Allan Block Retaining Wall

Allan Block retaining walls give your yard a bold new look. They can do a lot and they looks good. Allan Block's aesthetics and versatility make it the right choice for those who appreciate the right mix of form and function. Allan Block has been expanding their catalogue, offering new colours, blends, shapes, sizes and more.

Allan Block Style Options

There is a wide range of available colours and blends of colour styles as well as different patterns styles of Allan Block. (check the Allan Blocks Website for the complete catalogue). Here are a few installations we have done that show a few Allan Block options.

Classic Grey

The original Allan Block. Simple but sharp. The wall shown here is the classic grey with charcoal caps. 

Allan Block wall constructed to replace a rotten wood wall

Silverado Blend

Allan Block also has blended colours. This retaining wall was built using the Silverado blend Allan Blocks. Blended blocks give a more unique look to the wall. Silverado is a blend between the classic grey and charcoal colours. 

Metropolitan Finish (Grey) 

Allan Block has been diversifying from the traditional look by also offering more modern smooth face stones. This Allan Block stairway uses the Metropolitan Finish block system.

Close up of curved steps built using Allan Block

How We Price Allan Block Builds

Typically Allan Block walls have costed around $40 – $100 per square foot of wall. Although that price range has seen some increases in the past few years due to several factors, what hasn't changed is the powerful appearance and built to last promise these walls embody! So while an Allan Block wall isn't cheap, it is an excellent investment in any property.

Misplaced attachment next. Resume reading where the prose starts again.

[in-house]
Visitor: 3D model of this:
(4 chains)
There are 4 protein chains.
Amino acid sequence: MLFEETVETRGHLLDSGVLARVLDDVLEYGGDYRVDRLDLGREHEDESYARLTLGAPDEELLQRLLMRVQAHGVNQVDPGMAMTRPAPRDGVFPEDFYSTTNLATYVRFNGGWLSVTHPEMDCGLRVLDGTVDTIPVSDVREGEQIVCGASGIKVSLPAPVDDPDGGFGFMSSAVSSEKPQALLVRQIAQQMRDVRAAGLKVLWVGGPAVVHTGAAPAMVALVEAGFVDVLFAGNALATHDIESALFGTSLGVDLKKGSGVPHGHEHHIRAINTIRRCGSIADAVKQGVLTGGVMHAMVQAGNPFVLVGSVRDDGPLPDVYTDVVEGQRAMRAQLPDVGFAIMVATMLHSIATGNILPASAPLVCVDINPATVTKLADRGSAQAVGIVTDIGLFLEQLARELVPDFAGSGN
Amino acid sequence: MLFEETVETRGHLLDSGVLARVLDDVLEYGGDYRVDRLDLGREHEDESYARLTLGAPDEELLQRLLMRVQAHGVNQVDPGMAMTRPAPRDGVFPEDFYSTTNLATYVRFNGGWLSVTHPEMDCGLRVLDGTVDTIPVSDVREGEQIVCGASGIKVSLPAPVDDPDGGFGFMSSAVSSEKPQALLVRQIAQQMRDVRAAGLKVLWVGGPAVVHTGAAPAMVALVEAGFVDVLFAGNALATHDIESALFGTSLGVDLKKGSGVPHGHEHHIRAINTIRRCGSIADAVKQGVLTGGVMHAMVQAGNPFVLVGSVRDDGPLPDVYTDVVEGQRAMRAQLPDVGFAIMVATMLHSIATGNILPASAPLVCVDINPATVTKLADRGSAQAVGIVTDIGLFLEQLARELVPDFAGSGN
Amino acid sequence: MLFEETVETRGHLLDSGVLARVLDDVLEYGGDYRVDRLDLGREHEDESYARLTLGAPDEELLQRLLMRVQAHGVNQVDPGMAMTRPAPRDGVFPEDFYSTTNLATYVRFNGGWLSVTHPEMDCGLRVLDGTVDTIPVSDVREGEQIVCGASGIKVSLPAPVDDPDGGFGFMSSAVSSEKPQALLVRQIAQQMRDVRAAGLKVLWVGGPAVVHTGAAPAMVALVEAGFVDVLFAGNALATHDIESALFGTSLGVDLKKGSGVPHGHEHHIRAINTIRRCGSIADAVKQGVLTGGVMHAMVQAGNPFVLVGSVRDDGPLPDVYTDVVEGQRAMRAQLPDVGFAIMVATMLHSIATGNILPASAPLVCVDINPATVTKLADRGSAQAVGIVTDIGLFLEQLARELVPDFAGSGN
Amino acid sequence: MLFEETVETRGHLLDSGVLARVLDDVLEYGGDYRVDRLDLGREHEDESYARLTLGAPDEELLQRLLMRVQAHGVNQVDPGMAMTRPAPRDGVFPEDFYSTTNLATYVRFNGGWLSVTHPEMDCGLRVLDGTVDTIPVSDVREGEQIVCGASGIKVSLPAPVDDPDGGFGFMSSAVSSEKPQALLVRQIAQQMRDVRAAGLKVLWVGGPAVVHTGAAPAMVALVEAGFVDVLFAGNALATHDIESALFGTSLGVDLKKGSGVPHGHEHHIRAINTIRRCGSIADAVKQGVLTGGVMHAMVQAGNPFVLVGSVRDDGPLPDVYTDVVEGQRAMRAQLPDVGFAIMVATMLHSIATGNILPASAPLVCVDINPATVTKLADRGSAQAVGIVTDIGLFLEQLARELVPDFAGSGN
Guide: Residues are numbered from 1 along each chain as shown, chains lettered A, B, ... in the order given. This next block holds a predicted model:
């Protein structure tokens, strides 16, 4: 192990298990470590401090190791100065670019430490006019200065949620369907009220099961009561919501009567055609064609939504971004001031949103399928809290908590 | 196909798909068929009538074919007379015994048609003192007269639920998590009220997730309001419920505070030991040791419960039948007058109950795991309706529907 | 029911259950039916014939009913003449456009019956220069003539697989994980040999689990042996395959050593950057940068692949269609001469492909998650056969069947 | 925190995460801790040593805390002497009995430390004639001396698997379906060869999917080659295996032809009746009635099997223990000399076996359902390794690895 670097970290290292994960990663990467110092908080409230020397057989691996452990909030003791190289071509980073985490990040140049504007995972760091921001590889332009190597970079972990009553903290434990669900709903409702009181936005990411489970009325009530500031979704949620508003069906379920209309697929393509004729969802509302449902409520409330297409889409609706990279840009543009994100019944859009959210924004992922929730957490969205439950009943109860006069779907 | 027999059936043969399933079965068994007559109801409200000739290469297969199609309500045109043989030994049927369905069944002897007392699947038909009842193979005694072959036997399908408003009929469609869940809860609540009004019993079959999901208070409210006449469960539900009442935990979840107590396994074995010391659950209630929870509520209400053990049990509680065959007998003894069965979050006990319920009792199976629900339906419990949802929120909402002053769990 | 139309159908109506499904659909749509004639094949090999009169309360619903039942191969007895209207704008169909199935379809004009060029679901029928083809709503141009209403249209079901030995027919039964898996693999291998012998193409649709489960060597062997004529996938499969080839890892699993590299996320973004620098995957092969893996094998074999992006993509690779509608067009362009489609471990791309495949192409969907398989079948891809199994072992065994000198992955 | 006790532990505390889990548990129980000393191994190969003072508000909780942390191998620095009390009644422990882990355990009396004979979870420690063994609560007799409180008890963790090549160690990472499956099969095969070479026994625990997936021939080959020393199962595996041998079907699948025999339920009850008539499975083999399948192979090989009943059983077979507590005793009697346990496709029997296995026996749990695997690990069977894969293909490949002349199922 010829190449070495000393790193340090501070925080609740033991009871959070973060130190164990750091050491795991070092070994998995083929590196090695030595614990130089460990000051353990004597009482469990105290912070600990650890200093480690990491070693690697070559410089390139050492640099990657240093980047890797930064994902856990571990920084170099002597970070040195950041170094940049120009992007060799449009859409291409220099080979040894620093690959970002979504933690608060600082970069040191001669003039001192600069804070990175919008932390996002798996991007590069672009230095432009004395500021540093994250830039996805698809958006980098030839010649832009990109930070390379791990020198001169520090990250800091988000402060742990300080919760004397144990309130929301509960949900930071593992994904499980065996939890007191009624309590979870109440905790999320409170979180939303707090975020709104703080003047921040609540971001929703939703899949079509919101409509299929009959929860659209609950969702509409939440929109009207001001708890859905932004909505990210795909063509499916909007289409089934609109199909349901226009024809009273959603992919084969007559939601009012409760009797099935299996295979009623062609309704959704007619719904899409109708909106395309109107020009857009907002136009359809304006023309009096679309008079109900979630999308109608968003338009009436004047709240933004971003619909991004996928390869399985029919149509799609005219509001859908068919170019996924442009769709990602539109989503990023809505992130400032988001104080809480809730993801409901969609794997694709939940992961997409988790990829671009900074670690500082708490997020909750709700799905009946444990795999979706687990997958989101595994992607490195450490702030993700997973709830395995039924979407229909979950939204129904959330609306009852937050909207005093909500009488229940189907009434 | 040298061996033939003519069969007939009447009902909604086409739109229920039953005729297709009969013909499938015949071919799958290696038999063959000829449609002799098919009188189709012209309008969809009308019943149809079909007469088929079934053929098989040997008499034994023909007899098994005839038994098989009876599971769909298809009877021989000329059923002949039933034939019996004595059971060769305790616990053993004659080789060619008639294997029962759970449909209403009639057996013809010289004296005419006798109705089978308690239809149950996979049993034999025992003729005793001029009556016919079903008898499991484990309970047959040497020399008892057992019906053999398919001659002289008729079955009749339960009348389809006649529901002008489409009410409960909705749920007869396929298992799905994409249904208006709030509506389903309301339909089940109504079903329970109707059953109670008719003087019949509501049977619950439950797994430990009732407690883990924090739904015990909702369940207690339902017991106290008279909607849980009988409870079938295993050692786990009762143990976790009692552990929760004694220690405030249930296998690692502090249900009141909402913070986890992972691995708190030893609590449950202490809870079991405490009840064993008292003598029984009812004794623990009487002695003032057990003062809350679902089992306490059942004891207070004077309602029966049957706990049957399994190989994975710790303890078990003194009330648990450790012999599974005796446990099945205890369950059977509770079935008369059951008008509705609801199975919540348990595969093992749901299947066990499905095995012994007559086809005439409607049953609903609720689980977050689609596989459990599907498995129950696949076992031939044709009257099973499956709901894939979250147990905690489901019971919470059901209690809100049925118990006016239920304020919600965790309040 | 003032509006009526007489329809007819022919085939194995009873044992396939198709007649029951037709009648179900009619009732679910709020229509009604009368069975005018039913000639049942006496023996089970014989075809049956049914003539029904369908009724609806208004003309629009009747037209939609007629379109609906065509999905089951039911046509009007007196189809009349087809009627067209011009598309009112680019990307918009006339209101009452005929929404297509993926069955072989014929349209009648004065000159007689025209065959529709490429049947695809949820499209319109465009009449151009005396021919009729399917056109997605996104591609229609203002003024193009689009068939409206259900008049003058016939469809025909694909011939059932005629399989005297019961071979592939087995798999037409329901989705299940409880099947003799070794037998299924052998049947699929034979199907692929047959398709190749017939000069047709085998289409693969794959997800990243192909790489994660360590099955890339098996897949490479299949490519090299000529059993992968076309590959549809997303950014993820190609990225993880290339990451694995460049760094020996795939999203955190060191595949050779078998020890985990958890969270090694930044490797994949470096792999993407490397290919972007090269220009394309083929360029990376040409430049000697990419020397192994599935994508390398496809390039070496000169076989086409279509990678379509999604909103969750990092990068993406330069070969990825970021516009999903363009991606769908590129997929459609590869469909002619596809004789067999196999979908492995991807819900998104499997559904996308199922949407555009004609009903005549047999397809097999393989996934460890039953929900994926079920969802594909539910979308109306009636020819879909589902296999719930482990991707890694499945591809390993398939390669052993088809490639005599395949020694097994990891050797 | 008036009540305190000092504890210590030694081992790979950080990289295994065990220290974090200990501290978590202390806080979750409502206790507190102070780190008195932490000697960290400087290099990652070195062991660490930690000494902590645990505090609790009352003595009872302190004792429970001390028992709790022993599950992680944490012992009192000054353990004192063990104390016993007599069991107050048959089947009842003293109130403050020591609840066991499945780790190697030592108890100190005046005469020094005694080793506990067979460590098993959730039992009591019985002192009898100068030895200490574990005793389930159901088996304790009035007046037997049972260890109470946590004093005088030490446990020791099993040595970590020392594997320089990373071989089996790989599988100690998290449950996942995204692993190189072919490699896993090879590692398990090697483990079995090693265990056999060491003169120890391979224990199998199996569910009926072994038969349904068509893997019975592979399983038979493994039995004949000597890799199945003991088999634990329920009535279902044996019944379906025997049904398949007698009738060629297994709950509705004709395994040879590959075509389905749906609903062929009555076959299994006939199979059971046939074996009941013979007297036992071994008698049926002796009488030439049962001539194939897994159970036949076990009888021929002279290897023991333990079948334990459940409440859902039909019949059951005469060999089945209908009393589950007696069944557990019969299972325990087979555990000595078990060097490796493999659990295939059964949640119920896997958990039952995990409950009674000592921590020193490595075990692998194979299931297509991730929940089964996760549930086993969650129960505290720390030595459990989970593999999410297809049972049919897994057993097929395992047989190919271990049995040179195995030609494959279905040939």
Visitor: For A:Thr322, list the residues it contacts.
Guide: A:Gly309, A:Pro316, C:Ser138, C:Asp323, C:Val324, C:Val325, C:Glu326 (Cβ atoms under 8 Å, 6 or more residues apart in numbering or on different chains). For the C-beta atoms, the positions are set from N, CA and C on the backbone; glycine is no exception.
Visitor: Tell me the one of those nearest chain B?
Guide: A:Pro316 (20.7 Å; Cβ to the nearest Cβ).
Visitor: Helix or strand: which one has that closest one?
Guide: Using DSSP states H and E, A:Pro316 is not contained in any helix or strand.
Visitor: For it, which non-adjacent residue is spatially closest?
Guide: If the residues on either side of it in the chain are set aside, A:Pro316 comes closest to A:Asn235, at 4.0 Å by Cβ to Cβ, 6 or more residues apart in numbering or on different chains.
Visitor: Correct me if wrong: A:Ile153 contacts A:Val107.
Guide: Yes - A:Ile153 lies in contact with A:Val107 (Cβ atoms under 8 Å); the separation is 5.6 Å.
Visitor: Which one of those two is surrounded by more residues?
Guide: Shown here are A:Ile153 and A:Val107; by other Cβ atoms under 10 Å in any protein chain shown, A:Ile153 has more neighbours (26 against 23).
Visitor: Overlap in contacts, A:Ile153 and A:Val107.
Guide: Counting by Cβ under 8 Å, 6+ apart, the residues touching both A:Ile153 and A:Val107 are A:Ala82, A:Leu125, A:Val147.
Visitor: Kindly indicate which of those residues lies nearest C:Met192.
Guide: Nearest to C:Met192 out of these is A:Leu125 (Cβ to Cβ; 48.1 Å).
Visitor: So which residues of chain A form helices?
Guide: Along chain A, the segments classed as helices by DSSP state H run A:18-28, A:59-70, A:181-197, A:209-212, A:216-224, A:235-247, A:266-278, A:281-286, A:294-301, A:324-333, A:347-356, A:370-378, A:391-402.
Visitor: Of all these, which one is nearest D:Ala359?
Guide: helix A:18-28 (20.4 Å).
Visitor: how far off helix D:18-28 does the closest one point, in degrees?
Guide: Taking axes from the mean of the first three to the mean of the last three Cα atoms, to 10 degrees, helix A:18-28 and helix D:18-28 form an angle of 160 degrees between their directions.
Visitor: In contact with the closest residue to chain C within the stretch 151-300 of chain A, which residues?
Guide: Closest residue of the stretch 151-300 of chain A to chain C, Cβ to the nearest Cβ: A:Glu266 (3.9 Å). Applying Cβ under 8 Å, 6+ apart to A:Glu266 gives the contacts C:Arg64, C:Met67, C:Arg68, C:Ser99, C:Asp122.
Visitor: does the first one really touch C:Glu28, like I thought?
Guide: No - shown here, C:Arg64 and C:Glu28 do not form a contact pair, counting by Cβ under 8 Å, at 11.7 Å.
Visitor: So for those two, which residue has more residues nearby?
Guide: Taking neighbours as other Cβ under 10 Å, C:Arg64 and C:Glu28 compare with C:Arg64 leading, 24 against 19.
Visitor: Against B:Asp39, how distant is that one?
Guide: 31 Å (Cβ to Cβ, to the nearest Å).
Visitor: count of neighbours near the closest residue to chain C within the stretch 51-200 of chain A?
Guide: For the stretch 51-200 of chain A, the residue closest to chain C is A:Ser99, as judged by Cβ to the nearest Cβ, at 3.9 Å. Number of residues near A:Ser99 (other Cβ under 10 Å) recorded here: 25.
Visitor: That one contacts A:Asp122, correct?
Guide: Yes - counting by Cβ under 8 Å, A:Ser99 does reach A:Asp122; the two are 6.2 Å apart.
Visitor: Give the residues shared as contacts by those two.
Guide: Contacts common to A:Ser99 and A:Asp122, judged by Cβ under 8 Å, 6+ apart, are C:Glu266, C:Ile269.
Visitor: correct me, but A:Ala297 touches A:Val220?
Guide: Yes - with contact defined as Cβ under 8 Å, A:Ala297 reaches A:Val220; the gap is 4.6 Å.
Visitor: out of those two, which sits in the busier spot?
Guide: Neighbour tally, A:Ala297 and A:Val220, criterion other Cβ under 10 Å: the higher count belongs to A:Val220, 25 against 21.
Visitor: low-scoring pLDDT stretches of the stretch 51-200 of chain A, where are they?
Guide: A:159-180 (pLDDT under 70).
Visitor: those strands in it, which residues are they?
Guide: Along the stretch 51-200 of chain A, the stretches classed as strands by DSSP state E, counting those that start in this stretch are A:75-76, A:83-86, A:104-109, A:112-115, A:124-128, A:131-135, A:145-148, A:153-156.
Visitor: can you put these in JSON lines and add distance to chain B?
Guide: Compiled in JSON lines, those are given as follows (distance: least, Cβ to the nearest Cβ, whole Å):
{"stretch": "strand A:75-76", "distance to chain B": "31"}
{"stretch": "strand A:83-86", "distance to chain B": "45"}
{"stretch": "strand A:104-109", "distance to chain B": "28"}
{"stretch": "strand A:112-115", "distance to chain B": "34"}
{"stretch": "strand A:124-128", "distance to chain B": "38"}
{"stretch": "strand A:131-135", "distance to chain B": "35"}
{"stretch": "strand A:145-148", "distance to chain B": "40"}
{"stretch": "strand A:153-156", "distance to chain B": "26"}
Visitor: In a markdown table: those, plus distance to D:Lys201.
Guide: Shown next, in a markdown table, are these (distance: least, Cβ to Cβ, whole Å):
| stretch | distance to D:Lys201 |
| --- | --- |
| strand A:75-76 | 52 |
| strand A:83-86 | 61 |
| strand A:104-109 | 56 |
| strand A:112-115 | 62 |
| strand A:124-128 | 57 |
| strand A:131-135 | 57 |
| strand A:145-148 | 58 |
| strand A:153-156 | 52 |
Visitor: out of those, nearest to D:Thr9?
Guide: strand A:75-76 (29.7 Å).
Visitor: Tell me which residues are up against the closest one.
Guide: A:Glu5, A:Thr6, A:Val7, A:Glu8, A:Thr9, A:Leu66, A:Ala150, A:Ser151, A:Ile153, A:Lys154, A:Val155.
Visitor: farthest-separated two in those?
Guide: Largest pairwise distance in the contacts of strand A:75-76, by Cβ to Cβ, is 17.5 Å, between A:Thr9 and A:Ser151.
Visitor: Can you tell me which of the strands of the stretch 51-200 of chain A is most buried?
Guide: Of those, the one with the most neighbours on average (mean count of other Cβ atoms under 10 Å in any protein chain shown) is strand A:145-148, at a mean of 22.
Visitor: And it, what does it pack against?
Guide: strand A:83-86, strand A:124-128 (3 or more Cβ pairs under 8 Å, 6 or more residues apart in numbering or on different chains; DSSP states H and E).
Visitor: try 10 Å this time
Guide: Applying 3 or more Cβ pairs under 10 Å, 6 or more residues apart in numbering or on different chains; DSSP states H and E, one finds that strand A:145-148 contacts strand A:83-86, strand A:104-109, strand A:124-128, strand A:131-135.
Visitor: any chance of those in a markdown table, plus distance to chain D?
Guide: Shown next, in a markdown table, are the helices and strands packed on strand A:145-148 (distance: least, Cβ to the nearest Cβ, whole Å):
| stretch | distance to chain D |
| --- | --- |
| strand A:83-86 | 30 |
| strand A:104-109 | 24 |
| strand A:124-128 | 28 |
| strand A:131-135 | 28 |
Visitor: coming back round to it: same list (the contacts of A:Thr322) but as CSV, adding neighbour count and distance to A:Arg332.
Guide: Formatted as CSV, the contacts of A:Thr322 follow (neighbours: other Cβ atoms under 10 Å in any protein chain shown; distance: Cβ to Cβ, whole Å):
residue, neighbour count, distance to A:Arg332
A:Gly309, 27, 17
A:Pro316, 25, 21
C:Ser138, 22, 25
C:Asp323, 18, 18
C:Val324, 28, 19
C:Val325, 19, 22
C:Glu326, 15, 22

Square foot of wall is measured as length x height. For example, if the wall is 2 feet tall and 40 feet long there would be 80 square feet (2’x40’).  An Allan Block wall this size would cost between $4,000 - $8,000. As you can see the cost can be quite variable. There are a few reasons for that variability in cost but as a general rule it just comes down to the time it takes to build (for the most part). Some of the specific factors that determine the cost are as follow:

Grade Changes (Slope) – If the wall is running along a sloped area, the wall may need “step ups” to follow the height change. These “Step ups” add to both labour and materials.

Amount of Backfilling Required – If you are raising up the ground to create a terrace area, this will impact the cost. 

Base Course – The Base Course (bottom row) of the wall is the timeliest to install as it needs to be perfectly level to build on. If the base course is long in comparison to the height of the wall, this can increase the price/sqft of wall.

Pre Existing Condition – A lot of preparation work goes into creating the area where the wall will be constructed. Cost many reflect the amount of excavation and disposal needed and in many cases the demolition and removal of the previous wall that is being replaced. Removal and disposal of existing material can be a cost driver.

Access – Retaining walls require a 4-6-inch base of crushed gravel plus the wall blocks. Poor access will increase the labour time moving the materials in for the project.